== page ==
An Interview with Bachelorette's Annabel Alpers

Bachelorette, aka Annabel Alpers, is one of those rare artists for whom it takes a few albums and a few tours around the globe to be recognized by a wider audience for the musical genius she is. She is also one of those rare artists for whom you are genuinely excited when you first discover her music, maybe because upon first listen its like swallowing honey in a rip-tide – powerful and unforgiving. Anomalous in the sense that she doesn't really belong to any one specific genre, her music is strangely universal. Whilst at turns sounding like some obscure, overlooked shoe-gaze album from another era, her music also sounds refreshingly unique and new. Perhaps better known in her native Christchurch, New Zealand, Annabel Alpers is quickly making waves across the states with her current tour opening for the Magnetic Fields. Alpers' first forays into the music scene were with New Zealand psychedelic outfits Hawaii Five-O, Space Dust and the Hiss Explosion. After completing post-graduate studies in computer-based composition, Alpers found her voice as Bachelorette with her first full album, entitled Isolation Loops, aptly titled because it was recorded in solitude in small hut by the sea in Canterbury New Zealand. To support the album Alpers sold her  1964 Falcon station-wagon to fund a tour in the US where she ultimate teamed up with the legendary record label Drag City. We caught up with Alpers, who is currently on tour with The Magnetic Fields, to support her current self-titled album which was released last year, to ask a few questions her music and inspirations. Read interview after the jump.

PAS UN AUTRE: In early 2006 you hid yourself away in a small hut by the sea, in Canterbury New Zealand to record your first album, can you describe that experience - do you write songs better in isolation?

BACHELORETTE: Staying in the hut was just a way for me to work on music without having to pay rent and to avoid any distractions. I get too easily distracted in cities. I lived very simply and had my little lonesome routines, finding ways to be as productive as possible with the writing and recording. I stayed in another little house by the sea to record the My Electric Family album. For the last album, I really wanted to train myself to be able to work on music in any environment, because I was touring a lot, staying with different people in different cities. I never got the hang of it though and resigned myself to the fact that I need to isolate myself to be able work on music. I ended up renting a guest house in the Virginia countryside for a couple of months to finish the bulk of that album.

AUTRE: How has growing up in New Zealand inspired your work?

BACHELORETTE: I listened to a lot of New Zealand music when I was a teenager - Flying Nun stuff like the Tall Dwarfs, the 3-Ds, Bailter Space... I think it was inspiring to see New Zealanders making original music that was valued internationally, who created some sense of a cultural identity that I could relate to. I'm sure I've been inspired by the natural beauty of the place, and by the large amounts of space and time available. There wasn't a lot to do there as a teenager, so I would listen to records a lot.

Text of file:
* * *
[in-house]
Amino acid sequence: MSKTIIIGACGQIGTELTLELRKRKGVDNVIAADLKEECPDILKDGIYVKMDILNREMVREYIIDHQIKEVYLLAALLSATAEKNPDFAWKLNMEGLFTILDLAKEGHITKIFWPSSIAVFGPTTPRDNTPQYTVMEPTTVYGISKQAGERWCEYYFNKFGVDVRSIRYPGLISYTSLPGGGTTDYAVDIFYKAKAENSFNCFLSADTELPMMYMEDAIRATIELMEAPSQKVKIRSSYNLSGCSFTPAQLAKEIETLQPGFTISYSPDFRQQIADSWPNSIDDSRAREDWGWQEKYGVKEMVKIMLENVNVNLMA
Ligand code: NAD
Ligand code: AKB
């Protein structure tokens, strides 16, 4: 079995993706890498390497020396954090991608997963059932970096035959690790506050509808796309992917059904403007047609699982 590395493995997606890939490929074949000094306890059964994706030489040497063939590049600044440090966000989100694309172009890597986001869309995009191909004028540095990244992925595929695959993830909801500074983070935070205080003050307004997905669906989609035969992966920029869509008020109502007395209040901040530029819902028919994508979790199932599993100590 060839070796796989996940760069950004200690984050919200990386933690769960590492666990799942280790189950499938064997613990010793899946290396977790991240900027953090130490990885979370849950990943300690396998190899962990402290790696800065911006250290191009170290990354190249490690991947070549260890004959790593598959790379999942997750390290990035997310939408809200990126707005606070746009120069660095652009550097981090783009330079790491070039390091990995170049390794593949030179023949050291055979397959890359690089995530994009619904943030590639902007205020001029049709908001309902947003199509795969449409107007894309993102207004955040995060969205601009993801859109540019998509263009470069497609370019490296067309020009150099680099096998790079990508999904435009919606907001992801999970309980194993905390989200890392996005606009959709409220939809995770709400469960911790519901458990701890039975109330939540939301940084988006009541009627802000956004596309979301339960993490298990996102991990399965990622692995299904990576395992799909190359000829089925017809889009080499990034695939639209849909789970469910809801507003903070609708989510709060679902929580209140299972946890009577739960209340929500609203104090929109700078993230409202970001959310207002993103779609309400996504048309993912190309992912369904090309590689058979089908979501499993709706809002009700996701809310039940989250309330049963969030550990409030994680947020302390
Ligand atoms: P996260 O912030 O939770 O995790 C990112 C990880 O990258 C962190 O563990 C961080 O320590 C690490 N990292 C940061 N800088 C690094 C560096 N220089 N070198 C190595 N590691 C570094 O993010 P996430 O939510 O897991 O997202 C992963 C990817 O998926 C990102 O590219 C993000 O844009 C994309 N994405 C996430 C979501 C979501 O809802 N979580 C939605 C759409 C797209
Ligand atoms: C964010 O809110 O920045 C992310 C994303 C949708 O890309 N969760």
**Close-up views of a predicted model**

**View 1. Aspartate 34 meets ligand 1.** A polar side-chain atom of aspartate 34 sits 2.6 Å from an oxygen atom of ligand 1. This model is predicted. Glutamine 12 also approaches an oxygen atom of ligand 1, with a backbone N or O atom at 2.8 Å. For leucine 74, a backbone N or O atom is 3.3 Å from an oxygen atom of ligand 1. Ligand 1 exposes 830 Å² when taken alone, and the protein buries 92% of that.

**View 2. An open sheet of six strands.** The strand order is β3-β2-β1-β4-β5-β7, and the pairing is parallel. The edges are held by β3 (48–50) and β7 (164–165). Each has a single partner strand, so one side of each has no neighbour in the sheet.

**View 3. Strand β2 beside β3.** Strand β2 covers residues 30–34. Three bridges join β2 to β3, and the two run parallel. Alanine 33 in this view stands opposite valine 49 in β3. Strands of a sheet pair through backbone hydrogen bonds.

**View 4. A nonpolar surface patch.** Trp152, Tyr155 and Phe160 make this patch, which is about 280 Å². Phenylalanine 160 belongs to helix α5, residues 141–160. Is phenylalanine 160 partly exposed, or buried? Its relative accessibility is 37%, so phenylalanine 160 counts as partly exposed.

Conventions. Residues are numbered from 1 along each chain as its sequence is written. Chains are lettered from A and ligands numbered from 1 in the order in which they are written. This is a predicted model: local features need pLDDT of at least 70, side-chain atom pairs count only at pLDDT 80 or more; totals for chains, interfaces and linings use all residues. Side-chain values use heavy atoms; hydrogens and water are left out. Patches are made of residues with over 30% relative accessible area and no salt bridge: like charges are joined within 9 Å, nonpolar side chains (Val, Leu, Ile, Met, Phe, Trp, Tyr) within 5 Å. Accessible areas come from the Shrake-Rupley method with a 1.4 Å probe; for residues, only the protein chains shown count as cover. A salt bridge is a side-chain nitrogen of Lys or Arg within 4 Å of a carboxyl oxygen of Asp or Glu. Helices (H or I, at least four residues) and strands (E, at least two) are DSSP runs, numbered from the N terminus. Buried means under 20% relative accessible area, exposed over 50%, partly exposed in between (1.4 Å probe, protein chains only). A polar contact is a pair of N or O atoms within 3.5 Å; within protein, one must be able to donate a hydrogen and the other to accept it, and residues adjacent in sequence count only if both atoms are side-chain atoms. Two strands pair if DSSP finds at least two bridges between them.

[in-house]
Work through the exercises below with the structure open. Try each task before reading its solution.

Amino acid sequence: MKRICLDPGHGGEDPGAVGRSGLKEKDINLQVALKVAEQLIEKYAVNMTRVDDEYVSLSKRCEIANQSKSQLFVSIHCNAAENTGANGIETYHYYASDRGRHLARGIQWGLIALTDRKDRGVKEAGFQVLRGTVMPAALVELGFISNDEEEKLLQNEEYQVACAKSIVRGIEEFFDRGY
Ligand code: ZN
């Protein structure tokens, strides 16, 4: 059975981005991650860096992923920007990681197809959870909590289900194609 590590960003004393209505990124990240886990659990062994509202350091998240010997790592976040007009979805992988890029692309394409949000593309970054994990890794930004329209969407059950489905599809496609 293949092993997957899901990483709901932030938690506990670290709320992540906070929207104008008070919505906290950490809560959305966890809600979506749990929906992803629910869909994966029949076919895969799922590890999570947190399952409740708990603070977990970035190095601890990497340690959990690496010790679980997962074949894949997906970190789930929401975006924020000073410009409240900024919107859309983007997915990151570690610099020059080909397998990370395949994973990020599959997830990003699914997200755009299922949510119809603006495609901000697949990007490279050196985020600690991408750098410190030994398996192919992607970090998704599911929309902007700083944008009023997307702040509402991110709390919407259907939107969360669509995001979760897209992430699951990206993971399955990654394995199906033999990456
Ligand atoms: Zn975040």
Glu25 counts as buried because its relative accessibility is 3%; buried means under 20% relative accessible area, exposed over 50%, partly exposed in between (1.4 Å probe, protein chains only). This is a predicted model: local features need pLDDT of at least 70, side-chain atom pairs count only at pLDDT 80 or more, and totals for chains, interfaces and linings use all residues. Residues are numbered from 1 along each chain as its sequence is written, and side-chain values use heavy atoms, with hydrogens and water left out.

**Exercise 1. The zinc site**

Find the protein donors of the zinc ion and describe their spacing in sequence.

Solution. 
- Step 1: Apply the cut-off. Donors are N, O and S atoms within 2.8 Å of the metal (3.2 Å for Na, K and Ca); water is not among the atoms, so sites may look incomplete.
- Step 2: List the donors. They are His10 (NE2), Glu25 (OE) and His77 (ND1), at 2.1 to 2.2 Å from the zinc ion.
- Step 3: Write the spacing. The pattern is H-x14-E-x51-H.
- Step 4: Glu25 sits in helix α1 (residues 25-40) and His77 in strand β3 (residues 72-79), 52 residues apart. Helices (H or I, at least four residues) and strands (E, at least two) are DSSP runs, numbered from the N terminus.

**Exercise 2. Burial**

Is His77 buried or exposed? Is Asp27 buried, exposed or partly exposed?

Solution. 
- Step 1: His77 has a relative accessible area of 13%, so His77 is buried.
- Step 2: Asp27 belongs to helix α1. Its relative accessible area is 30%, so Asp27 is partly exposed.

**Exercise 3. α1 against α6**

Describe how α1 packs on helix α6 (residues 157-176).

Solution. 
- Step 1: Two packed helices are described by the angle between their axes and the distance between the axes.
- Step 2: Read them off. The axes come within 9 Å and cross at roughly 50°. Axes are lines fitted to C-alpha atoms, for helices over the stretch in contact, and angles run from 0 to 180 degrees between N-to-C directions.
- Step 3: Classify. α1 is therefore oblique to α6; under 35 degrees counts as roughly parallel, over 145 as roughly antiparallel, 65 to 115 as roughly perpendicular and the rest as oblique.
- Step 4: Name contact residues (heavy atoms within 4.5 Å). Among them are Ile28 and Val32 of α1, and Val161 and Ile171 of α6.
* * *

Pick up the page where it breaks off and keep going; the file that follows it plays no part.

AUTRE: When was the first time you discovered you wanted to make music?

BACHELORETTE: I had a fantasy when I was about 9 years old of being a Pat Benetar type figure. I imagined performing in the Christchurch town hall with a choir of children behind me. I got more realistic about playing an instrument and singing around the age of 12, and joined my first band at school when I was 13. We played Beatles covers and I was on bass. I always wanted to be in a band.

"The computer is

my folk instrument."

AUTRE: Who are some of your biggest musical influences or inspirations?

BACHELORETTE: Over the years: The Beatles, Syd Barrett, Tall Dwarfs, Cocteau Twins, Aphex Twin, Brian Eno... My mind goes blank when I'm asked these things. I've never tried to replicate anyone else's sound, but I know that what I've listened to over the years would have influenced the music I make in a less conscious way.

AUTRE: Your music is very unique - how would you describe your current sound?

BACHELORETTE: I've been calling it 'computer folk' for a while now. I feel like a folk musician in the sense that I'm not professionally trained and I just make songs about everyday stuff. The computer is my folk instrument.

AUTRE: You are currently on tour with The Magnetic Fields - how did you team up with The Magnetic Fields?

BACHELORETTE: I'd like to have an exciting story to tell you, but really my booking agent just ran Bachelorette past the Magnetic Fields as an option for playing support, and I guess they said yes... I feel really lucky to be playing with them though. I love their songs and can't wait to see them play a bunch more times.

AUTRE: Whats next?

BACHELORETTE: It's a mystery. I have some music I want to make that doesn't quite fit into the indie touring world. I also want to write songs for other performers... I'm thinking of ways that I can keep making music that don't involve touring too much. It's time for a change, music- and lifestyle-wise.

Vist Bachelorette's page on Drag City Records for more news, links, video, and current tour schedule. Text by Oliver Maxwell Kupper for Pas Un Autre